The Irish Free State, founded in 1922, gave no special recognition to the concept, but in 1938, the then Taoiseach, Éamon de Valera, at the inauguration of Dr. Douglas Hyde as the first President of Ireland, welcomed the incoming President with these words: "In you we greet the successor of our rightful princes and in your accession to office we hail the closing of the breach that has existed since the undoing of our nation at Kinsale". In 1948 the government suggested that there should be a "Council" of chiefs, accredited by the Herald, for emotive reasons. In Irish and English law a title is a possession, classed as an "incorporeal hereditament", but the 1937 Irish Constitution forbids the conferring of titles of nobility by the state, as well as the acceptance of titles of nobility or honour without the prior permission of the government. Therefore, the Council was also a means of allowing them to use their titles, but only as honorifics and without any political function. In 1943 the Taoiseach (Irish Prime Minister) agreed with Edward McLysaght, then Chief Herald of Ireland, that the titles would be known as "designations" made by the Herald's Office to avoid the constitutional ban. McLysaght deplored that anyone could perfectly legally describe themselves as "chief of the name" (such as The O'Rahilly) without having any written proof of descent, if nobody else claimed the very same title.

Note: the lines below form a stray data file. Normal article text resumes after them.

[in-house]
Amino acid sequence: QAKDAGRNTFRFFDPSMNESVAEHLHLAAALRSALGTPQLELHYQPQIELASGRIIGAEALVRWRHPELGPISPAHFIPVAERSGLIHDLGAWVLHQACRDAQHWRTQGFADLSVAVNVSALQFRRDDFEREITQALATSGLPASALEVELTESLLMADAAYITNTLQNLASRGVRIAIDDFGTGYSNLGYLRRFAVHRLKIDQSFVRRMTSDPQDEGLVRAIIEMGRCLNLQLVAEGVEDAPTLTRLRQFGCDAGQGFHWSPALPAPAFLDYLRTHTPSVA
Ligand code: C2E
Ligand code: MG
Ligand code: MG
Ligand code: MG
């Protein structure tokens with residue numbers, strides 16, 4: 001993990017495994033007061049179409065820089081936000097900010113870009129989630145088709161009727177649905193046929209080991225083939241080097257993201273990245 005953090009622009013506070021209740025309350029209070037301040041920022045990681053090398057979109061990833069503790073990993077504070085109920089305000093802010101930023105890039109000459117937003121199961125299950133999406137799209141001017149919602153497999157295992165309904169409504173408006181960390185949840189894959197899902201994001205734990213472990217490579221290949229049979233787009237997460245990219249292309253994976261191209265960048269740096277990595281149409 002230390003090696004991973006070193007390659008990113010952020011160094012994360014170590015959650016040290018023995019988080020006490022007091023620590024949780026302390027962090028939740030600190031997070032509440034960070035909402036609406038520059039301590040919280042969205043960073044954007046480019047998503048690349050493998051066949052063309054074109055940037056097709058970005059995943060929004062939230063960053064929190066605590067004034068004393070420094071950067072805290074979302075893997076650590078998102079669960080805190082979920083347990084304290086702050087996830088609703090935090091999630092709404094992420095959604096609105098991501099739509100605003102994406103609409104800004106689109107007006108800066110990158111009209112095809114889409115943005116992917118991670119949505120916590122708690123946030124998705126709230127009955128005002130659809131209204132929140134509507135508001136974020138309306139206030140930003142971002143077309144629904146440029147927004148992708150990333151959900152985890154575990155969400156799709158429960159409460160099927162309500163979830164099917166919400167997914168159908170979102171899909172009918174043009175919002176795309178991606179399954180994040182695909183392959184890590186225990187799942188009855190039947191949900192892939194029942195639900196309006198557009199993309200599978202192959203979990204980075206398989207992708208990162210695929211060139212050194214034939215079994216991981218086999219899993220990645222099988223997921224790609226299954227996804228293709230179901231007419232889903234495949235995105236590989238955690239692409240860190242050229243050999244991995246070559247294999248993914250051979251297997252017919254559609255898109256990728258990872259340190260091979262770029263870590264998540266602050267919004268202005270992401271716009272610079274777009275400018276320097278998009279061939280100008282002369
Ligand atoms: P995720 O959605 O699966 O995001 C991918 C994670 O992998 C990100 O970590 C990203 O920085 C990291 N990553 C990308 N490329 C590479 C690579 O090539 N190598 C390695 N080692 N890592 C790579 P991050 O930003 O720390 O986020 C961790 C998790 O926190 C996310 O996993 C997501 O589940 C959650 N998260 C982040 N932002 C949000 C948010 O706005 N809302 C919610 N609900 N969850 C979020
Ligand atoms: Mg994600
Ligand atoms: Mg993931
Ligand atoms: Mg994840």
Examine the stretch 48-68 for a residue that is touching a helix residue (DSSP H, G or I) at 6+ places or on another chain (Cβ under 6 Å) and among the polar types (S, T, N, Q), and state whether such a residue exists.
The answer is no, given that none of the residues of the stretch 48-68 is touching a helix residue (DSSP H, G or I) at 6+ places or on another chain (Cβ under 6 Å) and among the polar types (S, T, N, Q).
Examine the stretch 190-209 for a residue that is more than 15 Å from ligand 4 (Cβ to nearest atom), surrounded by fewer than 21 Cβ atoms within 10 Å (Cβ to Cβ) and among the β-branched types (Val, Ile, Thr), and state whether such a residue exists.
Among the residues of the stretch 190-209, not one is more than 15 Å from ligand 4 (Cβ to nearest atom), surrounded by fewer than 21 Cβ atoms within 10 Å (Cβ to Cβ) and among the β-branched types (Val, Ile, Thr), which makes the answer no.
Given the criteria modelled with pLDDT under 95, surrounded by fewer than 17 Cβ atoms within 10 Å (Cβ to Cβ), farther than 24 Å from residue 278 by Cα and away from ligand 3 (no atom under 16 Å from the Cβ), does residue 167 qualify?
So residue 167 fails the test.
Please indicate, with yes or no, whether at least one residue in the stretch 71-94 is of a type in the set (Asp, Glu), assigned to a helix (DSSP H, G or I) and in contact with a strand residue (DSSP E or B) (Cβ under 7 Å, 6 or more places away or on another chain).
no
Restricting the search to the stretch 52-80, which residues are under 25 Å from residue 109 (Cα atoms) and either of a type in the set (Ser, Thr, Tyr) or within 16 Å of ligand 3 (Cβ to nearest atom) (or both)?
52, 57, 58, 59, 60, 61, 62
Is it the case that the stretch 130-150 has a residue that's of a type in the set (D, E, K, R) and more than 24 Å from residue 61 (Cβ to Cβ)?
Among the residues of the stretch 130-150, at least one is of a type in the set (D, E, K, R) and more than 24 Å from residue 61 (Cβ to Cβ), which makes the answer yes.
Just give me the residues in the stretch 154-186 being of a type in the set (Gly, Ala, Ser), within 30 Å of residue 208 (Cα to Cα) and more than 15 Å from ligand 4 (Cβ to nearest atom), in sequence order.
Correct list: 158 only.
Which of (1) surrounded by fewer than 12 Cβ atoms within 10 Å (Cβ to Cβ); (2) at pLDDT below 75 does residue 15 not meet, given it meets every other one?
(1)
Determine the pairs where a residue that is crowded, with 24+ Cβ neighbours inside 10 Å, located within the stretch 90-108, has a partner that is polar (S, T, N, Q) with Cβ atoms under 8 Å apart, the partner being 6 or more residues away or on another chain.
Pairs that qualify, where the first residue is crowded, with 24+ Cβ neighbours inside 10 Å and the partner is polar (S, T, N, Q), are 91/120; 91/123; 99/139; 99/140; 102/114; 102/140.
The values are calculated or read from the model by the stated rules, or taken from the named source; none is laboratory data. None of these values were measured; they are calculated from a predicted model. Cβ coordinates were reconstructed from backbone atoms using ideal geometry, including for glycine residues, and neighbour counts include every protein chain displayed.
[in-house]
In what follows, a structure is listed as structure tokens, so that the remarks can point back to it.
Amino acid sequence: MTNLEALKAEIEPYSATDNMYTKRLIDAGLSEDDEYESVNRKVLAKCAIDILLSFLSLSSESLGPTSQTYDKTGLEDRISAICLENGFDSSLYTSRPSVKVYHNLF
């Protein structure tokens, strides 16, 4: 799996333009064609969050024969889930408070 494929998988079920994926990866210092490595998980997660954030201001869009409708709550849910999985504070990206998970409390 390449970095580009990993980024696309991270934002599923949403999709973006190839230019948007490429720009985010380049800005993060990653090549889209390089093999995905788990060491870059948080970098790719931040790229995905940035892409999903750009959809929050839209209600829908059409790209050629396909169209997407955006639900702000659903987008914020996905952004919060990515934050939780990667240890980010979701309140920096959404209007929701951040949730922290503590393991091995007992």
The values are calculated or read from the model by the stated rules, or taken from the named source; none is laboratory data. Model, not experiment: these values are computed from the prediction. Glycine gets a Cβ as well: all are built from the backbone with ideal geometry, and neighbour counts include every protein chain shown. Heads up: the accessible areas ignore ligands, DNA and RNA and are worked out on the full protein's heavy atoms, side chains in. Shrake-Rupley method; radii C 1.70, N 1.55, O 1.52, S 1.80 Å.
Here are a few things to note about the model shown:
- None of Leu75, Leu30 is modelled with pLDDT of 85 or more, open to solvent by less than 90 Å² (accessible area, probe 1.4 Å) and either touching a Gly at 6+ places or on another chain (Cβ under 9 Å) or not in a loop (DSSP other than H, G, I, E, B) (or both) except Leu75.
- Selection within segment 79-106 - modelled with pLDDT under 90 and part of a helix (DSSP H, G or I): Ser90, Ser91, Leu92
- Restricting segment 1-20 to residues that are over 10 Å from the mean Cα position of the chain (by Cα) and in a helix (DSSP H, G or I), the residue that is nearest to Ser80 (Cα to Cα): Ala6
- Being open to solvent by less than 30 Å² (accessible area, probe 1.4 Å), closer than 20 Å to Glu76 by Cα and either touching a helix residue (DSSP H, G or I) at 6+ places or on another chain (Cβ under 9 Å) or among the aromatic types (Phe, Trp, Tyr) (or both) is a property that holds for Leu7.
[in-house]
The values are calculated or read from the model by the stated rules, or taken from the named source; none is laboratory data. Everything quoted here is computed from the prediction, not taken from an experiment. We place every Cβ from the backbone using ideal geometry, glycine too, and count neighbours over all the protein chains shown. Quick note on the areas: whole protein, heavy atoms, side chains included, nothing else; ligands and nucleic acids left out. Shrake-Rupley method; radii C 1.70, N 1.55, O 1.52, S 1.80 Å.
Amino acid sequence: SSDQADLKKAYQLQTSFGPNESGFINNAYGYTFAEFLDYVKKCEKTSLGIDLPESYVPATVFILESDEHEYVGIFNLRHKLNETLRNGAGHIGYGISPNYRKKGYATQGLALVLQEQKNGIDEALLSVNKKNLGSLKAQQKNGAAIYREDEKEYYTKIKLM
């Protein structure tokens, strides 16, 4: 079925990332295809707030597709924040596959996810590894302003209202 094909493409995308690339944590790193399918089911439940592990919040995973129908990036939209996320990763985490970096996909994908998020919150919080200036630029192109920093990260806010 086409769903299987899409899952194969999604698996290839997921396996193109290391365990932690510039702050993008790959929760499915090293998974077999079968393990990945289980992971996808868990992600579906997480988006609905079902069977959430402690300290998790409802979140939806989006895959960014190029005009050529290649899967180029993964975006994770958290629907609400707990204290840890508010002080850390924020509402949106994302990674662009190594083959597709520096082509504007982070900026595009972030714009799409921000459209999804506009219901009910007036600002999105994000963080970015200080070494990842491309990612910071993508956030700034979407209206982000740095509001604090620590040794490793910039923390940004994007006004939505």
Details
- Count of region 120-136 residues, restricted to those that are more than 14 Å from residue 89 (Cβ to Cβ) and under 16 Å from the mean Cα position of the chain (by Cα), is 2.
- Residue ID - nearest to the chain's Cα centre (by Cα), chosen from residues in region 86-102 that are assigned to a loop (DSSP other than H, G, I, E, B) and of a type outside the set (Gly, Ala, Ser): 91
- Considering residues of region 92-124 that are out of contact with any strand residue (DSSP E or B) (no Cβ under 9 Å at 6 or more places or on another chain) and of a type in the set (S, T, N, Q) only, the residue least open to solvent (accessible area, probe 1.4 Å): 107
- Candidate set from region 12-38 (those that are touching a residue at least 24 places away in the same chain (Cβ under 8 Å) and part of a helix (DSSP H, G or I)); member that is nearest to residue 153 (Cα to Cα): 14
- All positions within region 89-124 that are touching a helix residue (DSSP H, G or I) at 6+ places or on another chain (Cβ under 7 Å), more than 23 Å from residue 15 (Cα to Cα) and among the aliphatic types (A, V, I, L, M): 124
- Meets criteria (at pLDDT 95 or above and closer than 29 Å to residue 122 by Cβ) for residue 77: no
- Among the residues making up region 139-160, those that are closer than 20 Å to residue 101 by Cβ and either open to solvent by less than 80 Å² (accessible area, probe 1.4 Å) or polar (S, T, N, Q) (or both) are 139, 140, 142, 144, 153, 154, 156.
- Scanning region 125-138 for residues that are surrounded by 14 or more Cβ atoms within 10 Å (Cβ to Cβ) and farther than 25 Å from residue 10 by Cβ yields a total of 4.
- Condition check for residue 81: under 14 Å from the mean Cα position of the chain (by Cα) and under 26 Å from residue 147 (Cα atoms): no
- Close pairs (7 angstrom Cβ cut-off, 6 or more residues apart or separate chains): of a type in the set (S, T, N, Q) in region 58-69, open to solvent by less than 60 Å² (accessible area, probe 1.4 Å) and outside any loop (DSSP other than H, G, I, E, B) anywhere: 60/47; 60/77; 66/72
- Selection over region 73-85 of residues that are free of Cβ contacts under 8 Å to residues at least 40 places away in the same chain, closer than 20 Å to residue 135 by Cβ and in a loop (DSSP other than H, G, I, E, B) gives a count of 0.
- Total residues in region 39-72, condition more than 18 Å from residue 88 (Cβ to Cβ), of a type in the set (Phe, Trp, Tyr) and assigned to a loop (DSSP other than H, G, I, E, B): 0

Effectively a dual system ran from 1948 to 2003, where the government recognised the chiefs as such, but not their other titles. In such a case, for example, The McDermot, Prince of Coolavin would only be known as "The McDermot" to the Chief Herald, but would be addressed also as "Prince of Coolavin" by his fellow chiefs.
Until 2003, an Irish "Chief of the Name" was a person recognised by the Chief Herald of Ireland as the most senior known male descendant of the last inaugurated or de facto chief of that name in power in Gaelic Ireland at or before the end of the 16th century. The practice was discontinued in 2003 owing to the "MacCarthy Mór" fraud (below).
Abandonment: the MacCarthy Mór scandal
After genealogical errors in the 1990s saw Terence Francis MacCarthy and other impostors receive recognition, the Irish government decided in July 2003 to abandon this practice. This was partly because of concern that there was no proper legal basis for it. As this concern was backed by an opinion of the Attorney General, in 2003 the Genealogical Office discontinued the practice of recognising Chiefs. This decision was a cause for concern among the recognised chiefs.